I’ve been asked a lot recently how to care for goldfish that were won at the fair. It happens every year, and each time it does I want to go down to the fair and ask them to stop using live animals as a prize. It’s sad, and I hear the same thing every year, “My child won a goldfish at the fair and it died overnight. I need a replacement before they notice.”
I propose a simple solution to this problem, do not take a goldfish home. The myth of a “goldfish bowl” is not true, goldfish are simply too dirty to live in a small tank with no filtration. Unless you are anticipating buying an entire 10 gallon aquarium I highly suggest you either turn down the fish your child won or give them more money to win a different prize (a stuffed animal being the most ideal). You’ll save a lot of time and frustration if you choose the stuffed animal over the goldfish.
Let us assume here you decided to stick with the goldfish your child won. If you don’t want to lose this goldfish and endure the sadness that comes with a lost fish let me make a few suggestions. First, purchase an aquarium that can properly house this goldfish. If we assume the goldfish you won is a comet goldfish and at full size these fish grow to 12 inches. If you know basic aquarium keeping mentality you should know that for every inch of fish a full gallon of water is recommended. This means that for this little fish you won at the fair you will need an aquarium that is approximately 12 gallons in size as a minimum. On top of this you will need a substrate (so the bottom of the tank doesn’t show built up debris) and a filter which can handle the full amount of water in the tank. It is also recommended that you purchase decorations not only to make the tank look nice, but also so that the fish has some place to hide and feel safe.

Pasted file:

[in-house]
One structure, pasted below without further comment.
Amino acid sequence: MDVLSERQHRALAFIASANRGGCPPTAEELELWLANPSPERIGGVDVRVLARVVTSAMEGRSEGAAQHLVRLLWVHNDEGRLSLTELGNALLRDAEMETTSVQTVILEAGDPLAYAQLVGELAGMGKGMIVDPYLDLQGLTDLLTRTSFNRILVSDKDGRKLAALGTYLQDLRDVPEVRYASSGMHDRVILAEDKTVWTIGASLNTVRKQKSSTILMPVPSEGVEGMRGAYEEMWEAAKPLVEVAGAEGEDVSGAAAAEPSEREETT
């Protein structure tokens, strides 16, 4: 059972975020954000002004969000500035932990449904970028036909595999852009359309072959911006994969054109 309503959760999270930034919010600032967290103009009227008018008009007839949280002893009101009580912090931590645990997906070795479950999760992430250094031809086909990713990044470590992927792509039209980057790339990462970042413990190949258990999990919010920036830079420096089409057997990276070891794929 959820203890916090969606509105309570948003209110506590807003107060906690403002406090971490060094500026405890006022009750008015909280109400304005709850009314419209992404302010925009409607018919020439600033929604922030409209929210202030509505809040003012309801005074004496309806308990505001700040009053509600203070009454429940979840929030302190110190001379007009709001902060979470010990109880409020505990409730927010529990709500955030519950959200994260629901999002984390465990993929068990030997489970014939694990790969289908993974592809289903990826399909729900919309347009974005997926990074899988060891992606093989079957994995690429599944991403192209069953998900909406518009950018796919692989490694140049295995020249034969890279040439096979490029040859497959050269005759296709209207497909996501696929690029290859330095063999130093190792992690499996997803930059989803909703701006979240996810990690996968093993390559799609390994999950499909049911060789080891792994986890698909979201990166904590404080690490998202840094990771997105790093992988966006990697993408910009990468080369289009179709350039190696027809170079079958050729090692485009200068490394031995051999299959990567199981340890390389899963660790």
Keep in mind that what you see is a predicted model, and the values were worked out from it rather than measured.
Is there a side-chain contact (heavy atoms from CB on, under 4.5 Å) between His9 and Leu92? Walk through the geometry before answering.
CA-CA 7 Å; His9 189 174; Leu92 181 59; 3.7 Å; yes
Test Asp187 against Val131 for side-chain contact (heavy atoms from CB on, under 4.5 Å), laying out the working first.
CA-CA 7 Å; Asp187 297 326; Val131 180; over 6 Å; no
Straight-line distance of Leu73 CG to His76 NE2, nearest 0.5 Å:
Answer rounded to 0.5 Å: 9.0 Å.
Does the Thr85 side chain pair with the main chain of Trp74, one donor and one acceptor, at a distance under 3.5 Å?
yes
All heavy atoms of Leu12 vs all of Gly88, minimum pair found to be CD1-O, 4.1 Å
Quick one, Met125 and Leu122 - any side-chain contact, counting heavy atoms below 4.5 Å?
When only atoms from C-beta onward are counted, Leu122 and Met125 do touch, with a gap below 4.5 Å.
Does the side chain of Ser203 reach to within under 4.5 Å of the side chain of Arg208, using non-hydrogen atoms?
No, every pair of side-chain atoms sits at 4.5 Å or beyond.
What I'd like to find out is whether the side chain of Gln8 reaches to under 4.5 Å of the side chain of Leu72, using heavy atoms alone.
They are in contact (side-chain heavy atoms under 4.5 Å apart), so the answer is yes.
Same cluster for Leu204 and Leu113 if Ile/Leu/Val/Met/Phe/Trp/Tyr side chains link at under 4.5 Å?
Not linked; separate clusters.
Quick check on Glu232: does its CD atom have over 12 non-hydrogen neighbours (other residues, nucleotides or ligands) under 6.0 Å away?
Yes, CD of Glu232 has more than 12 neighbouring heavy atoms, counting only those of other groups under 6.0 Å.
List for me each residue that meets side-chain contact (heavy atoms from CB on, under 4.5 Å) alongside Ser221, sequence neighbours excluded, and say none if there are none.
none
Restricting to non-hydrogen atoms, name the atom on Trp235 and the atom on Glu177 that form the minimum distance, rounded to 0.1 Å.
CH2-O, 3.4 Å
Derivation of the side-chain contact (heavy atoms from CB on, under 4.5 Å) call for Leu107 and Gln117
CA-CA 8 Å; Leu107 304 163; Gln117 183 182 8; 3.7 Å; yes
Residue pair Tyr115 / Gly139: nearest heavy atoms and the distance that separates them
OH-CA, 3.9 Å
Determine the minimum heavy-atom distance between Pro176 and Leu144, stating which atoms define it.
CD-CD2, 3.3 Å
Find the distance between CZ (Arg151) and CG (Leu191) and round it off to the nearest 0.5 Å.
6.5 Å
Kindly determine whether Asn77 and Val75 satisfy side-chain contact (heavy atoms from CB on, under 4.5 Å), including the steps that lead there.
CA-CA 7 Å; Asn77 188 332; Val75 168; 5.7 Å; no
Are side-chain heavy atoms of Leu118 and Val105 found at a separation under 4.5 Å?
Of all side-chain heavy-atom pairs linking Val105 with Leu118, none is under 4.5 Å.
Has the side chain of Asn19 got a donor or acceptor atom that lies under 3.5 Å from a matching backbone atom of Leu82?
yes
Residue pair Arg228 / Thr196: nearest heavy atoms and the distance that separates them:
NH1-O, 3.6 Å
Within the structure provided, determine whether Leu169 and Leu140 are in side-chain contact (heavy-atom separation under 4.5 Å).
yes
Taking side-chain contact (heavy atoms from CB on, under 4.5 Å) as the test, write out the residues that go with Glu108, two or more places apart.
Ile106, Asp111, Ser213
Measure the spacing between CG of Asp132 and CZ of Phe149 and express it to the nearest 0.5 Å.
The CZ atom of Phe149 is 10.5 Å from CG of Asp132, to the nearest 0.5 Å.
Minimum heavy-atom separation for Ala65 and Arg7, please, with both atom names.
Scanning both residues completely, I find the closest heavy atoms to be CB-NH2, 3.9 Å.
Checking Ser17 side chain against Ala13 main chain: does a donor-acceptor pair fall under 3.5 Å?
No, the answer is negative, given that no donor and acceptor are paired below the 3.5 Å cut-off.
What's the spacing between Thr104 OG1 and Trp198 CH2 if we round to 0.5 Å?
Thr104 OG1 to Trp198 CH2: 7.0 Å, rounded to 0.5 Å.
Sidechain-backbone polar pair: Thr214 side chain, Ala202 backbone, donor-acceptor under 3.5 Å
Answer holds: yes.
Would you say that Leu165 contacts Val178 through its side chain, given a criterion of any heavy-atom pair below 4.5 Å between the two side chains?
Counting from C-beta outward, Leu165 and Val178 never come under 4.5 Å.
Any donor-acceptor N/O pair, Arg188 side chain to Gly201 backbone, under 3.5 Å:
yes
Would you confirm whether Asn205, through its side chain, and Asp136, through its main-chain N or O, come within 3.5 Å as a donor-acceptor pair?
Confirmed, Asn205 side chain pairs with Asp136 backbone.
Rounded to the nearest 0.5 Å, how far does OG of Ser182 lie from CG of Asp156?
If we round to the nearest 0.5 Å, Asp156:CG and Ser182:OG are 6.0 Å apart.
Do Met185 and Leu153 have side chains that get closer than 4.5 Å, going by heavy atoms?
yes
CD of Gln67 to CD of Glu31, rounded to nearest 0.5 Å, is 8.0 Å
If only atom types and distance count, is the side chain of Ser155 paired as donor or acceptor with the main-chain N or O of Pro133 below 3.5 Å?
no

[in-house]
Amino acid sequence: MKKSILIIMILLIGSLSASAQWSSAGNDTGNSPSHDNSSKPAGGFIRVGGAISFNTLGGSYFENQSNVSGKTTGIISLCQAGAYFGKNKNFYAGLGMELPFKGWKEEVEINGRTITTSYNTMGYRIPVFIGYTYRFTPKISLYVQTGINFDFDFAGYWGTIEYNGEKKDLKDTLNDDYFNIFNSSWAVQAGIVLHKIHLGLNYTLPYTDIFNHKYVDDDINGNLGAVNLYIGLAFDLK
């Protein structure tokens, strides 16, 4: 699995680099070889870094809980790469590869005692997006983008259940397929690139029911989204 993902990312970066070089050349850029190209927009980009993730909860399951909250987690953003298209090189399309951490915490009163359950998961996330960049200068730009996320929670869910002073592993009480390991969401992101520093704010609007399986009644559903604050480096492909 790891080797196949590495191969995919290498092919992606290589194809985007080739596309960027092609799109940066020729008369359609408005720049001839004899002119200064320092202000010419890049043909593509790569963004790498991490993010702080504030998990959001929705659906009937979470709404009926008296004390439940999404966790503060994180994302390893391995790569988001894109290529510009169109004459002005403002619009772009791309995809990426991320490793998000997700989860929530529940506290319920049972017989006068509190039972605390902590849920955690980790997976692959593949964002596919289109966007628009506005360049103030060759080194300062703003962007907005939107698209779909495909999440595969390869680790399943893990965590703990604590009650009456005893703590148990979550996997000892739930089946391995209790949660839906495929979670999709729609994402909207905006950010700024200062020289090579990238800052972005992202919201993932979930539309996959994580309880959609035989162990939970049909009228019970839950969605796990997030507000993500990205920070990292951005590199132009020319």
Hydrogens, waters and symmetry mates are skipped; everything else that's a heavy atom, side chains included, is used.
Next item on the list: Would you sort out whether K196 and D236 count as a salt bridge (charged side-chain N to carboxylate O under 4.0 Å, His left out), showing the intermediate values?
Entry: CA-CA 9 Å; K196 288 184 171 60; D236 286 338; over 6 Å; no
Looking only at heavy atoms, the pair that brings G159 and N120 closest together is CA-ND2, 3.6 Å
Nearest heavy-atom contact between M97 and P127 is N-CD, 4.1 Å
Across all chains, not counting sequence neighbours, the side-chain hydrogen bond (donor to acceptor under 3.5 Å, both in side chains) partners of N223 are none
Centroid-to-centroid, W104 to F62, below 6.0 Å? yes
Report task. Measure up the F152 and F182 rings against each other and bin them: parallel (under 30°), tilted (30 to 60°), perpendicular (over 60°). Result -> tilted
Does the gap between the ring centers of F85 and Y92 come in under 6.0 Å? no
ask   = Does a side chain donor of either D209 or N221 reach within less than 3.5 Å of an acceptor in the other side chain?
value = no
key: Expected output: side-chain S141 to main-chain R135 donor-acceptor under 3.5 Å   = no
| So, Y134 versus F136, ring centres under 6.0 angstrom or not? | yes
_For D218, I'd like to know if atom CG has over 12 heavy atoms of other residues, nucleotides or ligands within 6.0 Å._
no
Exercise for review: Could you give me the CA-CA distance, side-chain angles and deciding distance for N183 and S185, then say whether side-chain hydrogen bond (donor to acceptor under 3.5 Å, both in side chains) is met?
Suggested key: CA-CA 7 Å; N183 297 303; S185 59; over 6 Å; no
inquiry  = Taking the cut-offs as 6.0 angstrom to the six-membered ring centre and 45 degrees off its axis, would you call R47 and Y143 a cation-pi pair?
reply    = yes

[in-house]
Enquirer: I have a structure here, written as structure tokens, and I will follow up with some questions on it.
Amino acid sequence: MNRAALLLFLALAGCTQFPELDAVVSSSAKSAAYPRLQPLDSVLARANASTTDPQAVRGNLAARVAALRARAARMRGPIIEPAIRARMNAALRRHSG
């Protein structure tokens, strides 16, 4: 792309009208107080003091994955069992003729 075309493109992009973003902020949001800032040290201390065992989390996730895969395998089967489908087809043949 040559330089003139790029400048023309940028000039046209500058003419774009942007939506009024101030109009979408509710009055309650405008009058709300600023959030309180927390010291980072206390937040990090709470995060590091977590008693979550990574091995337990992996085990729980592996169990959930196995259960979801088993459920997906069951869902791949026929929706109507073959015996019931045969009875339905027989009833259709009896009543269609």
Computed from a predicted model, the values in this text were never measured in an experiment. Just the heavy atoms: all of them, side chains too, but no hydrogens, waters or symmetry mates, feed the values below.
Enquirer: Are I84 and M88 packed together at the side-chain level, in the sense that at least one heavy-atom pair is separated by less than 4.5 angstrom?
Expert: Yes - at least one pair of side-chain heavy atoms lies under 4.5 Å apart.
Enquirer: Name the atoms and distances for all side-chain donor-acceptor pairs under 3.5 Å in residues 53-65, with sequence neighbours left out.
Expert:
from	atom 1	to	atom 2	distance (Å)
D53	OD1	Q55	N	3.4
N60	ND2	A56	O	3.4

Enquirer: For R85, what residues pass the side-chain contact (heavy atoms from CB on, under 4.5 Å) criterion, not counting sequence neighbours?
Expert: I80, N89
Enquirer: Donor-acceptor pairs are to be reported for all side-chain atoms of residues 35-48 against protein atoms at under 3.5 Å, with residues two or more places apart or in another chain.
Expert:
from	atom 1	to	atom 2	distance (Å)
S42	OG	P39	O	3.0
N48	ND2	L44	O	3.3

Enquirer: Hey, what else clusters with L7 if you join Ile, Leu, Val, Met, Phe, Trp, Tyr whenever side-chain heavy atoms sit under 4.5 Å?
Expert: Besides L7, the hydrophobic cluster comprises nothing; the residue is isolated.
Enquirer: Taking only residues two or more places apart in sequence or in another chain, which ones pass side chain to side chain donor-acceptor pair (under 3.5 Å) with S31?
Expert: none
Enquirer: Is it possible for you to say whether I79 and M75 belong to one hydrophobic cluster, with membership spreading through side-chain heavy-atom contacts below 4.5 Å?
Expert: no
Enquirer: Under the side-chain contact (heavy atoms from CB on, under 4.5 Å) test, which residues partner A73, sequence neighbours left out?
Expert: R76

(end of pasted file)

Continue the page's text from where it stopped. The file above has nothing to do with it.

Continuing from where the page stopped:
What we now have is a fish we won for several dollars, a 10-20 gallon aquarium kit worth $59.99 to $79.99 at the time of this writing, $10-20 worth of substrate and 1-3 pieces of decoration priced between $5.99 and $12.99. This means you have now spent a total of $80+ in order to house a fish that frankly wholesales at pennies on the dollar. I know as well that most people aren’t willing to pay the $80+ minimum on a fish worth only several dollars to them, but without it you will have a fish that lives for but a moment as well as a sad, crying child.
Obviously I don’t have much say in situations like this. I personally would turn down the fair fish every single time, maybe one day if we all turn them down they will stop being an option and there will be many less dead goldfish! But if you can’t resist and your child really wants them all I ask is you go to your local fish store and get a full understanding of the fish you are taking home because it is an intelligent creature and if cared for properly you will have a very positive experience. Fish keeping is a truly remarkable hobby where you get to observe a creature in a habitat that is exposed to our eyes in a way we would never normally be able to see and I hope you fall in love with it like so many others have. I just wish more people would get into the hobby out of curiosity than an obligation to not let their children down.